Of course you don’t want to be thinking about taxes during the fall months, but did you know that there are many different deductions that you can claim that might happen within the next few months? Below are three things that tend to happen in the fall that are tax deductible. See if you can qualify for any of them.
Any charitable gift that you donate this fall is tax deductible. This includes any clothing or items you donate to the thrift store when you clean out your home, food items you donate to the food bank, or even school supplies you donate to your child’s school (so don’t be a stickler when your child’s teacher asks you to donate an extra box of crayons or a few markers). Every item you donate is worth however much you paid for it (so keep your receipts!), or how much it would sell for at a thrift store if it is second hand. However, your time is not deductible, so unfortunately, the time you spend serving in a soup kitchen will not reduce your taxes. Luckily, your mileage is deductible when you drive to various charity events.
Birth of a Child
July, August, September and October are the most popular months of the year for babies to be born. If you have a child this year, you have a new dependant, therefore you will be able to claim them on your tax return. You will receive a $1,000 tax credit if your family has a child this year. You also will be able to claim the child care credit if you have to pay someone to look after your child while you are at work. If you adopt a child, the IRS offers a tax credit to help offset the costs.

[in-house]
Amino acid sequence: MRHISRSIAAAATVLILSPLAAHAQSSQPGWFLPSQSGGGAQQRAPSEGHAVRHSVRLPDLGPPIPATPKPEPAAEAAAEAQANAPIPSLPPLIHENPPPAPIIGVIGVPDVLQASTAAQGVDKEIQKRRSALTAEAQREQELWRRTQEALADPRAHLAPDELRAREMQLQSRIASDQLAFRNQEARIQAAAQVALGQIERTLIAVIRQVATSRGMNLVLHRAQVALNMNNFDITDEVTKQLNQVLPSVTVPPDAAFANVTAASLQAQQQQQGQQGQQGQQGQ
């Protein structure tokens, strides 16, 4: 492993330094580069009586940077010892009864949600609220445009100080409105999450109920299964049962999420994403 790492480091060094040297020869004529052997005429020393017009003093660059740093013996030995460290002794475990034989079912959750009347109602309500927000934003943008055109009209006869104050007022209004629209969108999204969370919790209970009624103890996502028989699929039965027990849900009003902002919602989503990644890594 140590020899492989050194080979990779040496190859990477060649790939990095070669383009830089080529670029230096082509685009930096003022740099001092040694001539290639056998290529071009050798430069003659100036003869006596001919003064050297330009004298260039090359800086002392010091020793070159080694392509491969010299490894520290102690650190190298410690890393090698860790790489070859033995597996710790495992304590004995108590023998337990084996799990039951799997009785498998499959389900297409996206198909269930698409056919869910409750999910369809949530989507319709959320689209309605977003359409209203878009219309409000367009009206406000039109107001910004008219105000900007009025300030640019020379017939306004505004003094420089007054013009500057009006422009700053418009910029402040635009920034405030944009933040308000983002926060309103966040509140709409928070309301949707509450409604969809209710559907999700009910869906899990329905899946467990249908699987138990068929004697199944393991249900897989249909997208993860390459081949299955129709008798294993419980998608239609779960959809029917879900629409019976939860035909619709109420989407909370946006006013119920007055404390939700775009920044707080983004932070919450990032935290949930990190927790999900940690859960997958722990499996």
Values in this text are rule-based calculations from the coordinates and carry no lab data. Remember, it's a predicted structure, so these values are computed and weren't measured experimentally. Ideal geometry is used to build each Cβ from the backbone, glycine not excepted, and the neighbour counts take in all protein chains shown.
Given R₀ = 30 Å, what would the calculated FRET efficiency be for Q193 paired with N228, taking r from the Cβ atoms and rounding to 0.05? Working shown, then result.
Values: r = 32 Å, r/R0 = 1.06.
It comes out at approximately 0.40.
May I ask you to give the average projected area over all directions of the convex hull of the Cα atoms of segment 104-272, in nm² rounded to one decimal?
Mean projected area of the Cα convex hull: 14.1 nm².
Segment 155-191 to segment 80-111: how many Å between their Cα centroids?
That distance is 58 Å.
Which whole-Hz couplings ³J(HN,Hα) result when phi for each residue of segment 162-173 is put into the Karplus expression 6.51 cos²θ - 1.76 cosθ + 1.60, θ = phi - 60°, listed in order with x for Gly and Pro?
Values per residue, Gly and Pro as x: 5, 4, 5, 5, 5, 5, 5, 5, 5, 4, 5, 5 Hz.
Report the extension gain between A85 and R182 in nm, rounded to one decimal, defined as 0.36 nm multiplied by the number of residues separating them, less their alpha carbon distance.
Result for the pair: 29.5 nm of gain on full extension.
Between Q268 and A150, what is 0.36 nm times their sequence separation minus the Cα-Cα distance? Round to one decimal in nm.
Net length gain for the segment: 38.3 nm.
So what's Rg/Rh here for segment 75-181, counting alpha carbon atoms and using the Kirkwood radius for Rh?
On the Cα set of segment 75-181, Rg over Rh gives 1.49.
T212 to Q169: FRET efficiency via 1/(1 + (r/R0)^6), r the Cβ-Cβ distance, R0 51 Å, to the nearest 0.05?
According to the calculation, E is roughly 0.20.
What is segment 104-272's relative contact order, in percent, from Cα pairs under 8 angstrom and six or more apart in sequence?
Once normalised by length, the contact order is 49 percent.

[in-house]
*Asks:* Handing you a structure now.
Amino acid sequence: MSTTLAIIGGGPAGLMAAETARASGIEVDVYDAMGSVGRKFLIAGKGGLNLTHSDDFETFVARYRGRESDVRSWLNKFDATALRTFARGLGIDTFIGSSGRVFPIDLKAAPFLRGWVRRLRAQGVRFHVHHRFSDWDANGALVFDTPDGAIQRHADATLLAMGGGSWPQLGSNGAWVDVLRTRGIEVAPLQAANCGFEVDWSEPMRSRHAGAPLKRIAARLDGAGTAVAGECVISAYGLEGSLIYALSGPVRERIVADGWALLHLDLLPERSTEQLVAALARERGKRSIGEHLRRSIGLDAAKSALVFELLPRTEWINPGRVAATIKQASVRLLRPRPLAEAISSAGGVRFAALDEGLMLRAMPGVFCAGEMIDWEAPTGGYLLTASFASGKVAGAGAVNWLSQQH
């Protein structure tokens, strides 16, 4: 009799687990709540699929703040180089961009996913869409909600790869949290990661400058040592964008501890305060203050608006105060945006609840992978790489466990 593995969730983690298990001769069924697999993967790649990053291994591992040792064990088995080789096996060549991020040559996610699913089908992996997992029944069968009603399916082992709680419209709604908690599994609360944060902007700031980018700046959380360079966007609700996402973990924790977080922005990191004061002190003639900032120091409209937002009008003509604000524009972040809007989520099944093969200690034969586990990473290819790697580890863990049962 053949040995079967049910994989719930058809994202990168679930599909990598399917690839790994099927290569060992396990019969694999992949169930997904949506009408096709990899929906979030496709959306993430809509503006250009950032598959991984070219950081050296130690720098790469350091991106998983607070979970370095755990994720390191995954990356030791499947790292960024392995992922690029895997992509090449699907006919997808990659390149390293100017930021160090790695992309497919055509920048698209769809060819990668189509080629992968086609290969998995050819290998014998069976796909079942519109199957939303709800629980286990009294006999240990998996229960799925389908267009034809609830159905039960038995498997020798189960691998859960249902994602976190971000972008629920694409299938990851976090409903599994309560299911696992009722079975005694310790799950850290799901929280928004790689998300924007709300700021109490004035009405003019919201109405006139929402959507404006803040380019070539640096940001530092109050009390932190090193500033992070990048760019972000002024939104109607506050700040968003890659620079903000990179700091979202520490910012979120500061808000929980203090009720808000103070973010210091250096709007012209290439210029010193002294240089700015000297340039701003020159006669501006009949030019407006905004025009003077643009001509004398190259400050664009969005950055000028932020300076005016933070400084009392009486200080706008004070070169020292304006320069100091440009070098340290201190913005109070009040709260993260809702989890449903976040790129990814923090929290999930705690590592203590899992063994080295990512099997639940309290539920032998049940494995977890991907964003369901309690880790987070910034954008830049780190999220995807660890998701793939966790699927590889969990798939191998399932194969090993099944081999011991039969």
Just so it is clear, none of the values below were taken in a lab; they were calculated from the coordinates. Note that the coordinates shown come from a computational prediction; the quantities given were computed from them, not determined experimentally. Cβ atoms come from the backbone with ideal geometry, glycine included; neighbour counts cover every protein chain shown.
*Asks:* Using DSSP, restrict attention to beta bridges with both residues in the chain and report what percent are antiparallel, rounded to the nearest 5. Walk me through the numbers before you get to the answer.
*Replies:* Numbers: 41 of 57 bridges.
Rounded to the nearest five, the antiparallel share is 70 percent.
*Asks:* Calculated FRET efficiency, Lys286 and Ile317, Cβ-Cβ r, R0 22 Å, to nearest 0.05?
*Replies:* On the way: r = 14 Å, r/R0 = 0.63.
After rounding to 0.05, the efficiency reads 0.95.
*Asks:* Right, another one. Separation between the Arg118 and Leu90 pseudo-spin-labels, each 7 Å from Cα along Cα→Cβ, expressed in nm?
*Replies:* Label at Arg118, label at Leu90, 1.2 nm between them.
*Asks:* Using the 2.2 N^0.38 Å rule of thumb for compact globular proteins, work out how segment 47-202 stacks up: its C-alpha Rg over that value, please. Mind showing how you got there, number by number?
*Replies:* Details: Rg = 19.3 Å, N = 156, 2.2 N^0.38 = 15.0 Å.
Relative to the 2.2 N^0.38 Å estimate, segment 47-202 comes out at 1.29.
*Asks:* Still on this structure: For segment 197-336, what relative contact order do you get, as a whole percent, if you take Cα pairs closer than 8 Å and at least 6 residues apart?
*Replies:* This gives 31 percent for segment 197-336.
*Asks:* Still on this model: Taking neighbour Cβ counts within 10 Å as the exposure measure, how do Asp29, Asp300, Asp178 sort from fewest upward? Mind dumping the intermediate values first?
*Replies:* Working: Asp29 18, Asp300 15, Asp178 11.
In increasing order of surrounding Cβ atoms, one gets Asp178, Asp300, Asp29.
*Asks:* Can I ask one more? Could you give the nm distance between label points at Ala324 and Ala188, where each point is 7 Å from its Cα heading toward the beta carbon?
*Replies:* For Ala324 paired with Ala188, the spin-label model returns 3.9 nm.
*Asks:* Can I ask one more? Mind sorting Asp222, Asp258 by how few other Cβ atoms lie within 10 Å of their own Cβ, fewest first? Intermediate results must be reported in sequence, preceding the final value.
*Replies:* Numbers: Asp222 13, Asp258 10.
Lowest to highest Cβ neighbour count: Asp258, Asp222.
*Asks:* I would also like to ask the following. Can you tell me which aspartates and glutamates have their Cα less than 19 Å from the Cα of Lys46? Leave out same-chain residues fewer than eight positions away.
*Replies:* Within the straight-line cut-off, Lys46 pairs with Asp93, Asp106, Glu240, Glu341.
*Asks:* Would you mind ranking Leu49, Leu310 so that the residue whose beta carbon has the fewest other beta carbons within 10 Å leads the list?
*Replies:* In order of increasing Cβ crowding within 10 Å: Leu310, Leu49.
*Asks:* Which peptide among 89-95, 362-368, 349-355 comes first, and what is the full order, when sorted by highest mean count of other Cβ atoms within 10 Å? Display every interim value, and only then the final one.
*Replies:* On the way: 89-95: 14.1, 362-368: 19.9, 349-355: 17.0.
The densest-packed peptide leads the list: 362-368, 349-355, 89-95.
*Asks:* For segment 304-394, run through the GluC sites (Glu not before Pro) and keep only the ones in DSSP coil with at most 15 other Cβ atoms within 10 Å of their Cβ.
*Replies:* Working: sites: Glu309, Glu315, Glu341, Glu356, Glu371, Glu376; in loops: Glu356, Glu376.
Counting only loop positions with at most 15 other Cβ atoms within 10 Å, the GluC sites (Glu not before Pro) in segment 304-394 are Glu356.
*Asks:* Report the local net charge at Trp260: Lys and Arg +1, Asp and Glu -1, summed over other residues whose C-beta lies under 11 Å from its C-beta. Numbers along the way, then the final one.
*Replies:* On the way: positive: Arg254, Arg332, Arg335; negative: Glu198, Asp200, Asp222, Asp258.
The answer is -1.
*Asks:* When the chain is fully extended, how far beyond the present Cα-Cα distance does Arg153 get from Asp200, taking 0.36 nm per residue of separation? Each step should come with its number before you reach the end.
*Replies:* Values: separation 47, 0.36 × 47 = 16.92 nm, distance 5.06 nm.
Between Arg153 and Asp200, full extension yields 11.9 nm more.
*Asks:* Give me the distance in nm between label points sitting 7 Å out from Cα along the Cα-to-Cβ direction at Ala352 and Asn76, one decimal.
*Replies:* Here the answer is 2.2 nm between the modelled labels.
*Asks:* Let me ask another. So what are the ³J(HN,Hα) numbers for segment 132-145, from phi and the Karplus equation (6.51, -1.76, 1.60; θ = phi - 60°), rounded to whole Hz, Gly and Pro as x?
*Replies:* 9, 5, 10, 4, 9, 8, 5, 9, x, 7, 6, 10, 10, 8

If you are going back to school this fall, or even just taking continuing education courses, you can use the lifetime learning credit. You can claim up to $2,000 of this credit, or 20% for the first $10,000 you spend. Tuition and other expenses such as books and supplies can count towards this credit. So if you have been waiting to re-start your education, now is the time to do it. You can go back to school full time, or even take a few classes at night to help you build your skills and get a tax break while you’re at it.